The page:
In Tanzania, newly cut, pubescent girls are paraded through villages, propelled by sounds of praise and celebratory exultations. They are discouraged from crying during what is believed to be an important rite of female passage. Getting communities to abandon this practice is naturally no easy feat. For this reason, in 2016, MenEngage Tanzania (MET) decided to focus strategically on eradicating the practice and work with a group that largely viewed as being difficult to penetrate and resistant to change – traditional leaders.
“It took us a long time to convince the traditional leaders and communities to even sit and listen to us. They were very resistant,” said Dorothy Ernest, monitoring, evaluation and learning officer at the Children’s Dignity Forum (CDF), the Secretariat for MET. “In the beginning, the well-organised clans would send community members posing as traditional leaders. We only became aware later on that the people we were speaking to, weren’t actually traditional leaders.” Other ways in which community sought to circumvent efforts to change their customs included performing FGM at night and/or in secret, as opposed to the public event that usually followed the practice. In addition, there were cases where girls were being cut at the same ceremony in which boys were being circumcised; again, an attempt to hide the practice.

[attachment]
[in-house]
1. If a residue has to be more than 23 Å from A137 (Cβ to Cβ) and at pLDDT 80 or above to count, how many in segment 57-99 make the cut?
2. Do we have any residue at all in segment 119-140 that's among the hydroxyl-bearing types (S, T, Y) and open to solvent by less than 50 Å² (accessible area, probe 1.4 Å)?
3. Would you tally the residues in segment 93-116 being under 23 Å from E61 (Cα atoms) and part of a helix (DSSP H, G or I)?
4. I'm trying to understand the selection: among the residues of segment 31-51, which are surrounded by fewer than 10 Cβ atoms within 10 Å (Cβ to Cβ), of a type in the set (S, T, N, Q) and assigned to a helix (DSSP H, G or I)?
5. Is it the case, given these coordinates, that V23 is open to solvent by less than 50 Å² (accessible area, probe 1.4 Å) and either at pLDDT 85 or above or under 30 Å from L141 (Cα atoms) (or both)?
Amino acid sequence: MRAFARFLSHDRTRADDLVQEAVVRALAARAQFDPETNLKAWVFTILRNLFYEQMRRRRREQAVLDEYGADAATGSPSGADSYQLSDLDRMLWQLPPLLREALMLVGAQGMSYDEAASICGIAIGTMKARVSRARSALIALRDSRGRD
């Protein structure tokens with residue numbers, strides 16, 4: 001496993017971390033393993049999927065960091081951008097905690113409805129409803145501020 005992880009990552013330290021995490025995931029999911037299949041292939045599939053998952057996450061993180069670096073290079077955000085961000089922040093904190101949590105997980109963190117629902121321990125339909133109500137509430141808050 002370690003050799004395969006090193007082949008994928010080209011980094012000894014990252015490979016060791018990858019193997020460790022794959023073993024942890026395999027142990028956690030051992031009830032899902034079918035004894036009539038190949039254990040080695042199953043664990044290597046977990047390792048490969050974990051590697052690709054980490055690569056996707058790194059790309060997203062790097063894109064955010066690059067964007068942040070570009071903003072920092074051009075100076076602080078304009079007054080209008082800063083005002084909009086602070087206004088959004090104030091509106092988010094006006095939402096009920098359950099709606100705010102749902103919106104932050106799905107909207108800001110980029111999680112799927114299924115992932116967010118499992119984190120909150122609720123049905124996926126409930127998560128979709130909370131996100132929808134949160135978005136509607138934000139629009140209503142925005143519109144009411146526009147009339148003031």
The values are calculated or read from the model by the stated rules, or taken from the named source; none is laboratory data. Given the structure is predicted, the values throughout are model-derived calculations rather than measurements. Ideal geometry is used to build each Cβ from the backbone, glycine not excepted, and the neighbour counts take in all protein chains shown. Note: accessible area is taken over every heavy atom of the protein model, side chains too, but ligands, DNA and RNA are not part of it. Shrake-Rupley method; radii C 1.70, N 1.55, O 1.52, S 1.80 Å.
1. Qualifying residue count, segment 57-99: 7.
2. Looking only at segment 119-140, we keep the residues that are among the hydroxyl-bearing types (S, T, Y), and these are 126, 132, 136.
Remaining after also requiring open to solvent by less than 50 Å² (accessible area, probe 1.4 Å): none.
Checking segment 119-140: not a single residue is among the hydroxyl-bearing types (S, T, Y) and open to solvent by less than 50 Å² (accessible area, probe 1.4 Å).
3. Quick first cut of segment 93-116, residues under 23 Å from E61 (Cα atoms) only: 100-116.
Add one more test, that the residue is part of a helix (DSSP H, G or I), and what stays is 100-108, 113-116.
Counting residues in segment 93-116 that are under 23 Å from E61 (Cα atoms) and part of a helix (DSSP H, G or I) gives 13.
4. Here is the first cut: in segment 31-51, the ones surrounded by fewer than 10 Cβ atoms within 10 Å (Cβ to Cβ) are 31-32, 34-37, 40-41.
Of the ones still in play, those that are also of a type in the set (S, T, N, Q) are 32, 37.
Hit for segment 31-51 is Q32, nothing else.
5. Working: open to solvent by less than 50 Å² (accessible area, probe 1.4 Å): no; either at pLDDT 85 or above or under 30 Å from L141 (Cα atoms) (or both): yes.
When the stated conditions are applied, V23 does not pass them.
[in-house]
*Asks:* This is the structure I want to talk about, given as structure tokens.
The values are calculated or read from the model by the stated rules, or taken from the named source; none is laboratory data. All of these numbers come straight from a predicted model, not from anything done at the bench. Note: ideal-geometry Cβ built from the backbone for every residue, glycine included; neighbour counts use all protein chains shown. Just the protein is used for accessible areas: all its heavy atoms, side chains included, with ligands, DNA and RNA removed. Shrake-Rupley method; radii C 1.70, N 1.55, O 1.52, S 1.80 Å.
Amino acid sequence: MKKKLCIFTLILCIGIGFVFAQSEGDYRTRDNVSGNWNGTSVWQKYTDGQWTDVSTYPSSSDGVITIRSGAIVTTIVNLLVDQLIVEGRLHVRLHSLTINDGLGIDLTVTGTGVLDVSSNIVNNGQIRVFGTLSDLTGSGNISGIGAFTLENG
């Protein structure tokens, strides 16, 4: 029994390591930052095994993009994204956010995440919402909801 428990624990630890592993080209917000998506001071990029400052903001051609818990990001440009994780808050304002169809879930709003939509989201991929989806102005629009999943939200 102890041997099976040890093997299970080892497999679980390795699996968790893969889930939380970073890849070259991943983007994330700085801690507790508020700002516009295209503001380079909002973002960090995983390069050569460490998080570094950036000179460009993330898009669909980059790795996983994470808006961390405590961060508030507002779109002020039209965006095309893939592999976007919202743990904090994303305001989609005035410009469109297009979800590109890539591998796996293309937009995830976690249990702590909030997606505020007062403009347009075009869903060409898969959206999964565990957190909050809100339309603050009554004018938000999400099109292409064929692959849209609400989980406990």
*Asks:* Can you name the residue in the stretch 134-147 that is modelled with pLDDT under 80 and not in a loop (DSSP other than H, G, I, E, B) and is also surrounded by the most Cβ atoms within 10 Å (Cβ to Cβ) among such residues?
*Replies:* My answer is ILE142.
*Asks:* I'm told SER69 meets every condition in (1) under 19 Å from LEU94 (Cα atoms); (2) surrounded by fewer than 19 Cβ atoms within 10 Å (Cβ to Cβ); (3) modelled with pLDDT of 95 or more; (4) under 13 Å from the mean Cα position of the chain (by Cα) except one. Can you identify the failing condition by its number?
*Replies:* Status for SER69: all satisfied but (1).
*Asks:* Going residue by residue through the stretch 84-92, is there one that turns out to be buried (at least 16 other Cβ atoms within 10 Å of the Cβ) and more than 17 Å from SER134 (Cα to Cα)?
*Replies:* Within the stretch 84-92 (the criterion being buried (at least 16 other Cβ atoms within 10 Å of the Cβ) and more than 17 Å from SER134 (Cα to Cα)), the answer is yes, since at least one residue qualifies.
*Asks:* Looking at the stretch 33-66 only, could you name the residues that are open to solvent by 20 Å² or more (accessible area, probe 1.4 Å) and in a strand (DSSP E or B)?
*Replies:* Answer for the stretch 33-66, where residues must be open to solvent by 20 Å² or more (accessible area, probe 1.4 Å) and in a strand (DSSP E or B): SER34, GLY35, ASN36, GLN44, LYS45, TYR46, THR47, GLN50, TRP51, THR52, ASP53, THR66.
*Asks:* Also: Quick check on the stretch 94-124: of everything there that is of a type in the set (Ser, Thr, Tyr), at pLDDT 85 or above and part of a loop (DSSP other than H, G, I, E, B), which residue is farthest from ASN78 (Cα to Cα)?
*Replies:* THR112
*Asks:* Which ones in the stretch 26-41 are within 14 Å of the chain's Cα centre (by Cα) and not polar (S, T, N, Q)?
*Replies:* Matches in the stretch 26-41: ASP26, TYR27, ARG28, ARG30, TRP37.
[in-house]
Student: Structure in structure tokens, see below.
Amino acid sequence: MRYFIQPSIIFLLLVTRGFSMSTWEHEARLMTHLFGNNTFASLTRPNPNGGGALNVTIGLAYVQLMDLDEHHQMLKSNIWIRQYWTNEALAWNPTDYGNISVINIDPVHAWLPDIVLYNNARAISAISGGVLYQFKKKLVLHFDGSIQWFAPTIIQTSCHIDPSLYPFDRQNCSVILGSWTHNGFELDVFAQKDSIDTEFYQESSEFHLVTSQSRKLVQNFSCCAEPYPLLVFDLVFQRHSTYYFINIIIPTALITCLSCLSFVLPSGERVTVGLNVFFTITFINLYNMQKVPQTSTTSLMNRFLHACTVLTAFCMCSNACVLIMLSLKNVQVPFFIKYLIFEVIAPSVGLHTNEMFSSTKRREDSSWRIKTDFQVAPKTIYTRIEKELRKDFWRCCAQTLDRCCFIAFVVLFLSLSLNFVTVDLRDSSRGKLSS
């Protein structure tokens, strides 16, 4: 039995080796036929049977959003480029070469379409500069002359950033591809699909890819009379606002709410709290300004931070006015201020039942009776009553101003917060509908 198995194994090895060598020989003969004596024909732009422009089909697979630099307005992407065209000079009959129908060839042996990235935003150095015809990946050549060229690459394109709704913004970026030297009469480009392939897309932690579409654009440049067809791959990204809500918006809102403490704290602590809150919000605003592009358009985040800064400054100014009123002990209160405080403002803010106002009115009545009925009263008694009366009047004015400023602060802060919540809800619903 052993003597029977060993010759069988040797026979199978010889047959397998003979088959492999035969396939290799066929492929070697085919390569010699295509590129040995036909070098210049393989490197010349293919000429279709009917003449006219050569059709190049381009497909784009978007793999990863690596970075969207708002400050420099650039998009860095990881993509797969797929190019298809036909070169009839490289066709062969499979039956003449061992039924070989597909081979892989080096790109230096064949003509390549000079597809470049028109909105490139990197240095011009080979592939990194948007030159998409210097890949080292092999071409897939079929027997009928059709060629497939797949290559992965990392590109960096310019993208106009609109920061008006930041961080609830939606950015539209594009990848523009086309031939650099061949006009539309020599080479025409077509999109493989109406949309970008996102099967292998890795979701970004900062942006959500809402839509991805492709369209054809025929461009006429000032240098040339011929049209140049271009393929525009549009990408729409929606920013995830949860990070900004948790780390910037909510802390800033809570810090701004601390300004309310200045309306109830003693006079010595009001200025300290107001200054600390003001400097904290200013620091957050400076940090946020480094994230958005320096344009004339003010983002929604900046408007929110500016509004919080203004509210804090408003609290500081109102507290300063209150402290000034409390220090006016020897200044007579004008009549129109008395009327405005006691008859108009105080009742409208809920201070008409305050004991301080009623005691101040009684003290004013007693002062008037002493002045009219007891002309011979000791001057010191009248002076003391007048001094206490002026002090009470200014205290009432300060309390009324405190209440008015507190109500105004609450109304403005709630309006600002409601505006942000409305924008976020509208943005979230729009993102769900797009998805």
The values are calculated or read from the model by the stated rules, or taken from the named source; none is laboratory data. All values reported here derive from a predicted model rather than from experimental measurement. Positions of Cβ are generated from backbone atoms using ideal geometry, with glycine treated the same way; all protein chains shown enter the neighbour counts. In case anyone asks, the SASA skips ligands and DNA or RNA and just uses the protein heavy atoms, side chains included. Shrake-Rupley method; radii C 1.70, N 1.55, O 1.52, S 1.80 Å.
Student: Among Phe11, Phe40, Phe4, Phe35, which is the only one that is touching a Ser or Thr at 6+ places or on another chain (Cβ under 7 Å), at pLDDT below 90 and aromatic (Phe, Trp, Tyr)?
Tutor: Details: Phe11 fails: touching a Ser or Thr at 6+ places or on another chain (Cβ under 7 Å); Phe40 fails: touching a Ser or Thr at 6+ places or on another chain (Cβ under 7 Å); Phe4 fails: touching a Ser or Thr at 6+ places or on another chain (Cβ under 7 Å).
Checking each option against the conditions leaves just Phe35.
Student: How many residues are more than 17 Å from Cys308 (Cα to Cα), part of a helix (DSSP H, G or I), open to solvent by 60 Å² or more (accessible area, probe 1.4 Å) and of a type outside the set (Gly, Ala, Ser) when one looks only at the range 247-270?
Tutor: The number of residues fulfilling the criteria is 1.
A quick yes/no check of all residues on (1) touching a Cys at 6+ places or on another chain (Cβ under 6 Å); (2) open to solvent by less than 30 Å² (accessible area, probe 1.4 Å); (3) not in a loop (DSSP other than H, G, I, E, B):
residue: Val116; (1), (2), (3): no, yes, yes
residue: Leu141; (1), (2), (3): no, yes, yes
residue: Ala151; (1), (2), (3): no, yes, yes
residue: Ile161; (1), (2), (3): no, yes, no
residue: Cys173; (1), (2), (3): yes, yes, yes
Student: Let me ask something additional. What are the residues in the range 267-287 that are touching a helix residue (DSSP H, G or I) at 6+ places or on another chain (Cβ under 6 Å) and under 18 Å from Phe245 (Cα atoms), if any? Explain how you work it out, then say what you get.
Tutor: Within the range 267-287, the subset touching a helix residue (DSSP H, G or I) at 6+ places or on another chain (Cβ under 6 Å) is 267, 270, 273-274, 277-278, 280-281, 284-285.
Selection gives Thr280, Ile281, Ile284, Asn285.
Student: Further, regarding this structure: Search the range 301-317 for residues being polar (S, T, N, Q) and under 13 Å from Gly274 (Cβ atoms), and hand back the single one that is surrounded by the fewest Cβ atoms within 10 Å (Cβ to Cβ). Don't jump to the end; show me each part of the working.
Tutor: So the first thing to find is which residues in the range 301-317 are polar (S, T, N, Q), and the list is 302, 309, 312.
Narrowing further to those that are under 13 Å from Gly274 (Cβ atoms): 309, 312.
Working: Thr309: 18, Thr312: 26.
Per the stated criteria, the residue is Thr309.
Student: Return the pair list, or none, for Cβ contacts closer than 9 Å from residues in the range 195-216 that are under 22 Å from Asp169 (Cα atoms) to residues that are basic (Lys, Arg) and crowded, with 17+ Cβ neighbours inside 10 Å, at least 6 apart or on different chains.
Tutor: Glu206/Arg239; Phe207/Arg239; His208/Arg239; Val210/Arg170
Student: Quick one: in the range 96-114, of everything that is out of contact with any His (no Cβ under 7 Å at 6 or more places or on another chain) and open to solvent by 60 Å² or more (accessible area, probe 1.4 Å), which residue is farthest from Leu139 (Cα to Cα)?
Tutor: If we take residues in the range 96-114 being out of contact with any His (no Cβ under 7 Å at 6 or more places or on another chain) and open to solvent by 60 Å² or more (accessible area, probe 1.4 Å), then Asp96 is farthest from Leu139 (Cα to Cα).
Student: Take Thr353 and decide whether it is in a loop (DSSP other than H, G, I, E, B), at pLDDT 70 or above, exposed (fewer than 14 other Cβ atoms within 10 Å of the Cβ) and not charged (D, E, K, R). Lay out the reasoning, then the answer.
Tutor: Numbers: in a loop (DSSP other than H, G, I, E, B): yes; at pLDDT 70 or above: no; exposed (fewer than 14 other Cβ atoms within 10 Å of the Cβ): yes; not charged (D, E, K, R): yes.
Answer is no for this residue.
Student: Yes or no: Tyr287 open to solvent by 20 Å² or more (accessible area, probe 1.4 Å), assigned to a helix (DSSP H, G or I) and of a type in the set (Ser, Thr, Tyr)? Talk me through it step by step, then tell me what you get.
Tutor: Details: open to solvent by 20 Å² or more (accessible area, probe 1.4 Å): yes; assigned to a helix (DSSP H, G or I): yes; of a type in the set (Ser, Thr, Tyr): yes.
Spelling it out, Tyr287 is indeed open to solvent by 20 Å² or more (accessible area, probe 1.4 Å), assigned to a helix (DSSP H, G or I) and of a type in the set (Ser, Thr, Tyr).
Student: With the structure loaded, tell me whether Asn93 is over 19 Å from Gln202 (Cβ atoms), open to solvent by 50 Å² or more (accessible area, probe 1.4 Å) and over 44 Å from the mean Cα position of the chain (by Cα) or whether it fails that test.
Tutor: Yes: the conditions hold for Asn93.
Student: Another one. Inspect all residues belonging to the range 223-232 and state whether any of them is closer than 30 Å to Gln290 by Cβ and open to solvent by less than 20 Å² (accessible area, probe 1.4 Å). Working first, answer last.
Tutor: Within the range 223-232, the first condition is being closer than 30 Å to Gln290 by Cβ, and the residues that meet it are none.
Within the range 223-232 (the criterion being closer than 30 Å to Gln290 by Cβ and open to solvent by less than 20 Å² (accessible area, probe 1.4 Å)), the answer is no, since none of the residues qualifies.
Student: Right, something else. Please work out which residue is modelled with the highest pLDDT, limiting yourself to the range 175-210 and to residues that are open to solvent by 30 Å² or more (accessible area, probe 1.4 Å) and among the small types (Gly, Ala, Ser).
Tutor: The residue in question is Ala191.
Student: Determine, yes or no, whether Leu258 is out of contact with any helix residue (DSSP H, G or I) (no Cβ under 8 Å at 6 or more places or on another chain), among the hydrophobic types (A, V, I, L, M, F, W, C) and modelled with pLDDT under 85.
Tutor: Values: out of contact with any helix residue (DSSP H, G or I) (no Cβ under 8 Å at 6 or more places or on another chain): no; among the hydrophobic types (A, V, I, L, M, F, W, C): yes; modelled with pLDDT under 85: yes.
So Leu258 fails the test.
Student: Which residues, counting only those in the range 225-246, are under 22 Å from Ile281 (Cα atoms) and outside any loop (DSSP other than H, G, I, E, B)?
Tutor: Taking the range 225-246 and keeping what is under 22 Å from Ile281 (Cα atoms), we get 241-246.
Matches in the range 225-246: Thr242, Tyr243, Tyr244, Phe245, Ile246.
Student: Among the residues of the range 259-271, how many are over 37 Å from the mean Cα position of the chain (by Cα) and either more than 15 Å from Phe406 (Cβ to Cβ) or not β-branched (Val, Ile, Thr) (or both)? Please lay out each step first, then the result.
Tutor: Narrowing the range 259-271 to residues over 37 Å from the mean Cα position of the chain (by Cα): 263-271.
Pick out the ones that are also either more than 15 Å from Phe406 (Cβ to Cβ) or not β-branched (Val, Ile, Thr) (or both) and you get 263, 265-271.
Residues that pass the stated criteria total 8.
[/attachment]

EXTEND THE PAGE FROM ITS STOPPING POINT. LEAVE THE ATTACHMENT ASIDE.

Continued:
In the Mara region, where CDF is implementing its FGM programme, there is a 32% prevalence rate among women aged 15-49. The latest Tanzania Demographic and Health Survey indicate a low prevalence for girls 0-14 years, suggesting that girls are either being cut at a later age, or communities are resistant to admit to continuing the practice as they are aware it has been outlawed.